In Police Shootings, Blue Is The Color That Matters Most
Monday morning’s news out of Seattle that police officers shot and killed Charleena Lyles, an expectant mother who’d called for help because she suspected a robbery was taking place, is disheartening but not shocking. For many, last week’s acquittal of the police officer who shot Philando Castille, a permit-carrying gun owner riding in the passenger seat of a car with his family, is another example of how police literally get away with murder. Many people have pointed out that both victims were black, and conclude that they died mostly because of their skin color.
I will not dispute that skin color has a lot to do with the higher rates of assaults and deadly interactions between police and people of color. That has been proven time, and time, and time again. I also will not dispute that black Americans are subjected to the most wretched forms of bias and discrimination at the hands of police who are supposed to protect or serve them. That too has been established time, and time, and time again.
However, much of my reporting on criminal justice has convinced me that the color of a victim’s skin is not nearly as important a factor as the color of the police uniform.
We have heard about the Blue Brotherhood that has long defined the male-dominated culture in police departments — where women constitute only 13 percent of the force — but we’re just now beginning to understand how race informs the social hierarchy within police, and how minority officers are pressured to pledge allegiance to the uniform in exchange for being accepted, protected, and promoted.
This implicit pledge requires that officers adopt behaviors, attitudes, and standards that might contradict what they believe — even what they know sometimes — about themselves and certain groups of people. The pledge also means conforming to group identities, adopting questionable behaviors, and carrying on unofficial practices in place long before a rookie walks out of the academy.
The officer was responding in exactly the same way we have seen dozens of white and black, male and female, officers respond: shoot first, ask questions later.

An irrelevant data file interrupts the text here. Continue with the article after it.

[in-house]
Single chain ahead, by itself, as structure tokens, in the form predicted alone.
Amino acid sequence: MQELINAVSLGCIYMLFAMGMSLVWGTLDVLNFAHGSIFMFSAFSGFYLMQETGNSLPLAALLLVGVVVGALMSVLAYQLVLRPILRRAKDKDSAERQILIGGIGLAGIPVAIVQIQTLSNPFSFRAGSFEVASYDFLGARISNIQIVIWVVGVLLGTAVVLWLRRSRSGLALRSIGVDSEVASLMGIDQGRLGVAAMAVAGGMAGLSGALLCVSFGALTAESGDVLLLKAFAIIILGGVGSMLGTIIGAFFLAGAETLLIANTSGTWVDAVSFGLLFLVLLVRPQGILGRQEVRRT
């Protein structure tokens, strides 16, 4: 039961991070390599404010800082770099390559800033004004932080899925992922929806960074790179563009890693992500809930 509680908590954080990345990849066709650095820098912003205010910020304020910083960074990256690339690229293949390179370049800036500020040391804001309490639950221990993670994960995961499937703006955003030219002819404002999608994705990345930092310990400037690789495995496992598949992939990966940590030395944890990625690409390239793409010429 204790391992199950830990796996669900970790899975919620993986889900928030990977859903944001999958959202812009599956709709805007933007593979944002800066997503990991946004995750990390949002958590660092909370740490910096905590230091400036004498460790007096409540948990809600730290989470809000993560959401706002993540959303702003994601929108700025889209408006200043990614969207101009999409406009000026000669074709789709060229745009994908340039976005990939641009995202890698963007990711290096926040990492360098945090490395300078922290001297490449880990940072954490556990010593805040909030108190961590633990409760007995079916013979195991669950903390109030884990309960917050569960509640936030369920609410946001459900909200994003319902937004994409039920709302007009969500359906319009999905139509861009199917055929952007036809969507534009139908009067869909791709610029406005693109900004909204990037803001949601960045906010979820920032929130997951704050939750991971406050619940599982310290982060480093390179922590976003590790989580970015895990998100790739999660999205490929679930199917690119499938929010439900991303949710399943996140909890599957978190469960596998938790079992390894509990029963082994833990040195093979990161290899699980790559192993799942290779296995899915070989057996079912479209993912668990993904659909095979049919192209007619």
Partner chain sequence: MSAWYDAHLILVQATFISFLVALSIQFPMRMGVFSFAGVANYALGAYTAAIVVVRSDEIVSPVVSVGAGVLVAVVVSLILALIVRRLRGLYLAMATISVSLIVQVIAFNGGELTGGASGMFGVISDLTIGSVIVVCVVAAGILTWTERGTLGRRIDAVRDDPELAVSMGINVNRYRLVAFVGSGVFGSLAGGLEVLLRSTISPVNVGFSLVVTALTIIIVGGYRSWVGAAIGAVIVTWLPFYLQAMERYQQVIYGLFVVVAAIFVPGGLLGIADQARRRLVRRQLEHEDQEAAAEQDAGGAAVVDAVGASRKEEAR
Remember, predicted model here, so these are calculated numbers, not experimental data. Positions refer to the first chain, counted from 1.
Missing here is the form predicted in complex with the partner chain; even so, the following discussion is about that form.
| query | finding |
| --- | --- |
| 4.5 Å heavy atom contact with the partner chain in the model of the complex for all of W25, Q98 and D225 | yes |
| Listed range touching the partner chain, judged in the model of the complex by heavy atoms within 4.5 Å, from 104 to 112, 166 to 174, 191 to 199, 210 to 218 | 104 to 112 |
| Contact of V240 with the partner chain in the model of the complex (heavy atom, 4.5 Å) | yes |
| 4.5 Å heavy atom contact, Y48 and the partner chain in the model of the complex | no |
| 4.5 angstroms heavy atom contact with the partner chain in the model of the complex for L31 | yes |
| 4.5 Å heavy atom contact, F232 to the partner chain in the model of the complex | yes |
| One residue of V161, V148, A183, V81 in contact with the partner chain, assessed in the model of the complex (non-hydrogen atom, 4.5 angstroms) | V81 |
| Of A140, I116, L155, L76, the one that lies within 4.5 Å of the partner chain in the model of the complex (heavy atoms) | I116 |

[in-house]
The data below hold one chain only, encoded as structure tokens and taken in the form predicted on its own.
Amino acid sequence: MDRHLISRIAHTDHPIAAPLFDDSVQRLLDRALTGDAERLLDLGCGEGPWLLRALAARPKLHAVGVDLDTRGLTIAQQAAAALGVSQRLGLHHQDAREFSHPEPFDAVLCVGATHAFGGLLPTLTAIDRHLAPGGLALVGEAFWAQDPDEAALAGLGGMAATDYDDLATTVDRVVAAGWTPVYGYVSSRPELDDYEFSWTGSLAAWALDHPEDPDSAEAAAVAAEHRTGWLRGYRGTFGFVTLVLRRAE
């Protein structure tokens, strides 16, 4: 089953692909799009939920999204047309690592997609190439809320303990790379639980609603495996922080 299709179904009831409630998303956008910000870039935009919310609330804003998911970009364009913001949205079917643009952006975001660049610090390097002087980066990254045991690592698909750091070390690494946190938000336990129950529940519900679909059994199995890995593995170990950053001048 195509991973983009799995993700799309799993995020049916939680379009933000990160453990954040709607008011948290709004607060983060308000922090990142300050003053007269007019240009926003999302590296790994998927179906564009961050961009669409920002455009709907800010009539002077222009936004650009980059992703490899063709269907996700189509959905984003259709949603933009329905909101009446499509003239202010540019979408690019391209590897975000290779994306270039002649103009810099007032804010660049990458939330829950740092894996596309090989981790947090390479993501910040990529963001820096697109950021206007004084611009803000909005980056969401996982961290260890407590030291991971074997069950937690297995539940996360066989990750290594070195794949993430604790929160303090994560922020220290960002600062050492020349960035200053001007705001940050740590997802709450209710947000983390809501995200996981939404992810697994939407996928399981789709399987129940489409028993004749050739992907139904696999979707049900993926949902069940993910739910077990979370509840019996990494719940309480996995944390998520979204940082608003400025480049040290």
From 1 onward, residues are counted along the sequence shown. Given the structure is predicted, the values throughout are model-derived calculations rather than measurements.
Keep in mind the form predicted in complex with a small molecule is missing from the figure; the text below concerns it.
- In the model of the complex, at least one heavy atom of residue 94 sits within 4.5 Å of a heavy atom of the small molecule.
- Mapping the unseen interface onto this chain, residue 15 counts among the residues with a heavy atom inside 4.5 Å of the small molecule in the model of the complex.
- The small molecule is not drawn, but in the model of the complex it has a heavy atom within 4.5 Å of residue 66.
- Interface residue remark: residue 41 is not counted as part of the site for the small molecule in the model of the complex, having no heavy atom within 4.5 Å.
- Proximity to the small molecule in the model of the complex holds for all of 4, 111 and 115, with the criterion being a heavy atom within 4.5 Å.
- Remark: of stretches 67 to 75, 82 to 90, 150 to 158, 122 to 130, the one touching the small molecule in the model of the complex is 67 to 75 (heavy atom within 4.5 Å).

There’s growing evidence that black police officers tend to act as violently, and in some cases moreso, than white officers toward suspects of color. There’s also little evidence that the presence of officers of color mitigates the violence black and brown people are subjected to by police.
The Latino officer who shot Philando Castile is the latest example of how blue culture is far stronger than any other identity — racial, regional, religious — an officer might have. In this instance, I suspect the officer’s Latino identity did nothing to make him respond differently when encountering a car with a black driver and a black passenger. Being Latino did not help him ask better questions. It did not slow his adrenaline-fueled response to Castille. It did not cause him to notice the four-year-old child in the back seat.
In that instance, the officer was responding in exactly the same way we have seen dozens of white and black, male and female officers respond: shoot first, ask questions later.
This dangerous but well-rehearsed reaction to a routine call is not rooted in any skin color, but in a blue culture that demands officers see people without uniforms as threats — especially people of color. This reaction comes with an unspoken guarantee that the ranks will fold around you and protect you by concocting a story not supported by evidence, by blaming the victim in the national media, or by intimidating potential witnesses. That’s what you get in exchange for complete loyalty to the Blue Brotherhood, regardless of who you were before you put on the uniform and the badge.